Head Injuries

The human body is designed to afford as much protection as possible to the vulnerable brain. But unfortunately, the body wasn’t designed with high speed car collisions in mind. The skull is a great safety feature, but it can’t provide complete protection even at 25 miles per hour, let alone highway speeds. As a result, head injuries incurred in car accidents are extremely serious.

Most well-designed cars have several safety features designed to protect the head and brain. The first and most important is the seat belt, which prevents occupants from crashing headfirst into the windshield. Crumple zones and airbags also help to prevent the head from slamming into hard surfaces besides the relatively cushioned headrest.

But unfortunately, these safety features are far from perfect. Concussions, the most common type of head injury in car accidents, can occur in almost any type of accident. Even at low speeds, a collision can cause heads to slam into headrests hard enough to bruise the brain. At higher speeds, airbags themselves can cause concussions. In order to protect drivers and passengers from more serious injuries, airbags have explode out of the dash at lightening speeds that can damage the brain and face. Serious head injuries are also likely in any accident involving a rollover. Convertibles are particularly dangerous in that respect.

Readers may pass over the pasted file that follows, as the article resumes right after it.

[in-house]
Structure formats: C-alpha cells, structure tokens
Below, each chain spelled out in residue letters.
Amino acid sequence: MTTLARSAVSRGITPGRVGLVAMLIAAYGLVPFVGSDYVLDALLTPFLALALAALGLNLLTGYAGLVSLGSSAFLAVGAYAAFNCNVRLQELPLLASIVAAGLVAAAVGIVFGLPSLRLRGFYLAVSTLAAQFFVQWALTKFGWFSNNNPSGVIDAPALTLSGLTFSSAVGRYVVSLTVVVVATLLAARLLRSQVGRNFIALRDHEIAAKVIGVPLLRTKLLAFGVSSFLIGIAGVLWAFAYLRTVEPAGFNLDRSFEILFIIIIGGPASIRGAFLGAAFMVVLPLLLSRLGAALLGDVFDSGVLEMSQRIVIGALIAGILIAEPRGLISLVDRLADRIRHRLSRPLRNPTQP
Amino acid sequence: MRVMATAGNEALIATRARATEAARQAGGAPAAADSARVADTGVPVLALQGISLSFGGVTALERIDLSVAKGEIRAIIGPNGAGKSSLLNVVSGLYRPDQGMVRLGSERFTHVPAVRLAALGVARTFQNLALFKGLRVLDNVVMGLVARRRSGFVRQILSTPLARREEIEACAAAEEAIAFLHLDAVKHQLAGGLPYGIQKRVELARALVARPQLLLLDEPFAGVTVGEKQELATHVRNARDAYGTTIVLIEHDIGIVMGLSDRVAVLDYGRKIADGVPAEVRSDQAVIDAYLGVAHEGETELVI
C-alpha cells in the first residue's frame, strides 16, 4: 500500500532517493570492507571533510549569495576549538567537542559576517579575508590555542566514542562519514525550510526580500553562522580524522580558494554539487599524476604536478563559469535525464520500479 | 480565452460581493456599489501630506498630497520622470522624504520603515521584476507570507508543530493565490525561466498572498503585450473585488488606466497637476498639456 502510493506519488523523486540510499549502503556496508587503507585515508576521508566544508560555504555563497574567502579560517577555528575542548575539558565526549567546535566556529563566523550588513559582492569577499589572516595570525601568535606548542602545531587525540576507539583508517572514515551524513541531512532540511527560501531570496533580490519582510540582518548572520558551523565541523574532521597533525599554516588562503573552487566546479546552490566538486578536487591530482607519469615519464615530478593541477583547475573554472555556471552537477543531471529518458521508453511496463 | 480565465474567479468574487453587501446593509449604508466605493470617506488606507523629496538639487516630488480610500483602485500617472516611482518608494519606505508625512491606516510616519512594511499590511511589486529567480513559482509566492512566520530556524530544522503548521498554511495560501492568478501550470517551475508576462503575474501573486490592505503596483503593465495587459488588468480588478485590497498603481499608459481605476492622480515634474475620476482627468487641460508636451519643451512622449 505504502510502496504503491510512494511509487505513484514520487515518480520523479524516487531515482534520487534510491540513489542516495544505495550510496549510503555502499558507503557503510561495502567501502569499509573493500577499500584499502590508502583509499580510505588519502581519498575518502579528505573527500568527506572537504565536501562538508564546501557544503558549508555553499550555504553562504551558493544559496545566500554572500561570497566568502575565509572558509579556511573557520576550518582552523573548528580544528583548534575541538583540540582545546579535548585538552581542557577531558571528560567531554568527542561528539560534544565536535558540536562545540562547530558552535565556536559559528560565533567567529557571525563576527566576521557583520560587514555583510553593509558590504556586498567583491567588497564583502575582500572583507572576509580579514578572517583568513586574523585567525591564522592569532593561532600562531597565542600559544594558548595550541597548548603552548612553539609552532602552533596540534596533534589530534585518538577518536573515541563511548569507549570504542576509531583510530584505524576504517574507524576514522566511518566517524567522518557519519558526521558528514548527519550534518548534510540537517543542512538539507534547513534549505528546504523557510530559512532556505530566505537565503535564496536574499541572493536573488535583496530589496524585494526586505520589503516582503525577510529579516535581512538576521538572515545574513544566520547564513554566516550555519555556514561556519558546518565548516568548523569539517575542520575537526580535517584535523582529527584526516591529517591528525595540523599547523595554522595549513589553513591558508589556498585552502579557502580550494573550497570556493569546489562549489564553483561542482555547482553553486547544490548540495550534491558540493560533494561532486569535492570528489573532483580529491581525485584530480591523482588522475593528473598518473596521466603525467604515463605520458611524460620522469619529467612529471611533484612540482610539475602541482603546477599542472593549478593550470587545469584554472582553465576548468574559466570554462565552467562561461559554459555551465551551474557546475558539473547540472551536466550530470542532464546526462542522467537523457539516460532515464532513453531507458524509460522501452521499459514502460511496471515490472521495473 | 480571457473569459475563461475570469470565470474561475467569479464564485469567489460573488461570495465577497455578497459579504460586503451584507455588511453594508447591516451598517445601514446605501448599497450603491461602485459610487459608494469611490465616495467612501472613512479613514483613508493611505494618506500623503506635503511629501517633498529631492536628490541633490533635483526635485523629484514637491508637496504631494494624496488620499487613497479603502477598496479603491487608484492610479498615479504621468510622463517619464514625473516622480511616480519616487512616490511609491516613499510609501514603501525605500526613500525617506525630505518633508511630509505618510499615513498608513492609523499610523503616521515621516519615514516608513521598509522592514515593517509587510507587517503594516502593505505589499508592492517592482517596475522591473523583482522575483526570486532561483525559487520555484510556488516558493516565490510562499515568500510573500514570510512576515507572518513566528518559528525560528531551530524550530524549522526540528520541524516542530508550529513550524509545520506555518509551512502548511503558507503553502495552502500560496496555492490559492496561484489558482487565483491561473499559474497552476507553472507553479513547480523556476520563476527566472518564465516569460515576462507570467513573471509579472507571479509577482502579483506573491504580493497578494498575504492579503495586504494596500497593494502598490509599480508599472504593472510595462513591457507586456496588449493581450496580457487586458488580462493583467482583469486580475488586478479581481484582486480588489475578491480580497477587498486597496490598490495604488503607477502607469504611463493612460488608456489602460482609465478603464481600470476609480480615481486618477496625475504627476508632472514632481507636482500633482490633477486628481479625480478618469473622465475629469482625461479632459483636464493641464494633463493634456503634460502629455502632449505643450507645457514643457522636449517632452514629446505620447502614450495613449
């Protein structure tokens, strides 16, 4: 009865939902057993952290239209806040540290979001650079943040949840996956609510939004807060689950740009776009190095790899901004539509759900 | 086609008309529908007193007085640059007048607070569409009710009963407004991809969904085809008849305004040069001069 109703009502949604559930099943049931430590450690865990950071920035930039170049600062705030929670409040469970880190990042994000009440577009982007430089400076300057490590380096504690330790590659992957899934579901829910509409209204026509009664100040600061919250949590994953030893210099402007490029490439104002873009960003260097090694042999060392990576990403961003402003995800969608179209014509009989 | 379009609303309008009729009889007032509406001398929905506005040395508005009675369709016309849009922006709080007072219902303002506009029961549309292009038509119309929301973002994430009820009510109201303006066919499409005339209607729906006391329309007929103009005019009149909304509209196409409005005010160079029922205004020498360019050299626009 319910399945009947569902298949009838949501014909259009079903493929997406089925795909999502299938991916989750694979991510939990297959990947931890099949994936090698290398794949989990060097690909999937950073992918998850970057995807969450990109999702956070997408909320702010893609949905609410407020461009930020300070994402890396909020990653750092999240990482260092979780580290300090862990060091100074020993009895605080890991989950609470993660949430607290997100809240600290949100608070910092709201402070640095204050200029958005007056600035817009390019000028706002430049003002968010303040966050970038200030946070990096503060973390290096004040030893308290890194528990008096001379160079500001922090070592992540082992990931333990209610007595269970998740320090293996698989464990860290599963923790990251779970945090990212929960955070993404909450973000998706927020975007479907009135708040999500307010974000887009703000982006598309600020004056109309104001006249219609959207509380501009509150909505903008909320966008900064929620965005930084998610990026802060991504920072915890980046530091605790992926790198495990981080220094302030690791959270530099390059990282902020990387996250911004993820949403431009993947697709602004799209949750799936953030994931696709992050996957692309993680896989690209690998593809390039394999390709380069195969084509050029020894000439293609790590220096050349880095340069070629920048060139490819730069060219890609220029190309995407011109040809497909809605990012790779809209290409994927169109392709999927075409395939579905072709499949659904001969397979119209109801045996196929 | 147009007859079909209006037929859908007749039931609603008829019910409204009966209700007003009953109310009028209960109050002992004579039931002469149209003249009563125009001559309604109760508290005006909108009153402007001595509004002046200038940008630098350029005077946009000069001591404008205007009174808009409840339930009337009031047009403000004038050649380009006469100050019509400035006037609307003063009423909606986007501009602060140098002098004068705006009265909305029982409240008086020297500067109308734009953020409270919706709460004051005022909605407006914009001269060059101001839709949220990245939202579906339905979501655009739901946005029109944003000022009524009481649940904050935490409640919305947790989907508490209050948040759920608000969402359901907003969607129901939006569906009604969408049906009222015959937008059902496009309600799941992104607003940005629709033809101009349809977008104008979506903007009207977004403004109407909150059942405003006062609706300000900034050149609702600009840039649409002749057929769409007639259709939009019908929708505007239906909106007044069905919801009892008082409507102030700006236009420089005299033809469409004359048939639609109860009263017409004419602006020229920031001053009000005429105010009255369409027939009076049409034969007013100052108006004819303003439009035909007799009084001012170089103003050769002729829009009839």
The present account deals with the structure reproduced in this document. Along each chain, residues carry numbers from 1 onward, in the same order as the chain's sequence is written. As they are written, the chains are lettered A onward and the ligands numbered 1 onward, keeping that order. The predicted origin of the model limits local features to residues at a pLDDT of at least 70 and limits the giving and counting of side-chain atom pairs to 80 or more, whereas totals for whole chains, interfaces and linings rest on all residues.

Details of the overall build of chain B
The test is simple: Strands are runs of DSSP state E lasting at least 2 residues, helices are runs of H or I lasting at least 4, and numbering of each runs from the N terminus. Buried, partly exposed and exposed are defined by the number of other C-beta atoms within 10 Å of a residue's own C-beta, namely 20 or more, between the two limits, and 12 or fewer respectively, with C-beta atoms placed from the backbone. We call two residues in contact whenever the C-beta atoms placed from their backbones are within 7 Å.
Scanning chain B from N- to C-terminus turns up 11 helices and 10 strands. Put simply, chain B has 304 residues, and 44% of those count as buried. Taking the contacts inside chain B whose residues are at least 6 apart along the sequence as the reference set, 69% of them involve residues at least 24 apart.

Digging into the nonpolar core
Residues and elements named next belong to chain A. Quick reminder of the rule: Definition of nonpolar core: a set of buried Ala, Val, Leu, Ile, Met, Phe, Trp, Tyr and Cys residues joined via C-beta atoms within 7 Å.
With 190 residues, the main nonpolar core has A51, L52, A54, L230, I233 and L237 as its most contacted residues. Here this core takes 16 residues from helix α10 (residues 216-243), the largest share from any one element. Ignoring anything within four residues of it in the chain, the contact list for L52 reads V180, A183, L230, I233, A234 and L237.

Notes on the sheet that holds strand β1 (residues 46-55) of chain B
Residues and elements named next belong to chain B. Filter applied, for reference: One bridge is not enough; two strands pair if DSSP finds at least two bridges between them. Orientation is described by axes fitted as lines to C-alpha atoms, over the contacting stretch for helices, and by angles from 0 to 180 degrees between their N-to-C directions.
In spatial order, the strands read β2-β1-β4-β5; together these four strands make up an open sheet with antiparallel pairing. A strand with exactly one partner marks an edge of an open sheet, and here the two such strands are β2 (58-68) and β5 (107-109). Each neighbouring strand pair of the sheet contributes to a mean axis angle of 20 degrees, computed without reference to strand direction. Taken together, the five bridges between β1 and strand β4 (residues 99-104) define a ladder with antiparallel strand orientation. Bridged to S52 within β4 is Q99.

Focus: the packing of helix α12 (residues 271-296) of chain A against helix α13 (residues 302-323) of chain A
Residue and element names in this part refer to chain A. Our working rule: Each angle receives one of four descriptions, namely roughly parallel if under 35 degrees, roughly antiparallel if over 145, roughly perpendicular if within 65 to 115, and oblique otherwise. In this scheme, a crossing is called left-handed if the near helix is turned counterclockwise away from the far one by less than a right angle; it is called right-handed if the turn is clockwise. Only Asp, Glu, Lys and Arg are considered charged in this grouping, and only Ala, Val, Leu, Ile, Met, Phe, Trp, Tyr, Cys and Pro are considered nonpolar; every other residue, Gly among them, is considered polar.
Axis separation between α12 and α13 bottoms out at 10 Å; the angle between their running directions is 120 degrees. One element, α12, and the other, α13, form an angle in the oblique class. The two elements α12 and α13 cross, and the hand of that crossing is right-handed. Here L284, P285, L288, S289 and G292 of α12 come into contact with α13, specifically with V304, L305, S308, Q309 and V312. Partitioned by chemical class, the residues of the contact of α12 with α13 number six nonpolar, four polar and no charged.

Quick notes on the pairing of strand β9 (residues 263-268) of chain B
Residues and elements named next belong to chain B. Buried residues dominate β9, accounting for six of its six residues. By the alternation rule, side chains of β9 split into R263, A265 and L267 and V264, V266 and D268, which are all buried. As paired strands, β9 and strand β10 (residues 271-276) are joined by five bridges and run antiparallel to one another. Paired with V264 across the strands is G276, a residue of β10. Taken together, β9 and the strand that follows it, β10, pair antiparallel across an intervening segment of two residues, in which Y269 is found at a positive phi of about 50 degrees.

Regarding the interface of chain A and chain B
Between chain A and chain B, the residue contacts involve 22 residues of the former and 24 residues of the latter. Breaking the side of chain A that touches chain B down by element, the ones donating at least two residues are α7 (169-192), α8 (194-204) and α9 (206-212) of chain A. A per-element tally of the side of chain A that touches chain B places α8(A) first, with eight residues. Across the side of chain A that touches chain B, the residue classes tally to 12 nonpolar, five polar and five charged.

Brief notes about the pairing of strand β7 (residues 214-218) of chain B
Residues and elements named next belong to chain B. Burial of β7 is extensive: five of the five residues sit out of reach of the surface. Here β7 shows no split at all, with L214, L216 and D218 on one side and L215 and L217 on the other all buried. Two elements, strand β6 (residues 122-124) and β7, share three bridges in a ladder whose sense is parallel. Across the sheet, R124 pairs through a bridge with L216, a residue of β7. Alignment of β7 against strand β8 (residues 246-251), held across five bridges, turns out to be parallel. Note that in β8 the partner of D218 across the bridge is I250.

One of the challenges for doctors and accident victims dealing with head injuries is assessing the severity of the problem. Brain injuries aren’t always immediately evident, but symptoms can last for months once the do emerge. Mild, isolated concussions aren’t usually a major health risk, but they can lead to “post-concussion syndrome,” according to the Mayo Clinic. This syndrome can keep victims from working due to severe headaches and dizziness for months. Moreover, doctors have few options to help head injury victims short of surgery. Most sufferers of traumatic brain injuries like concussion must simply rest and wait for their bodies to heal.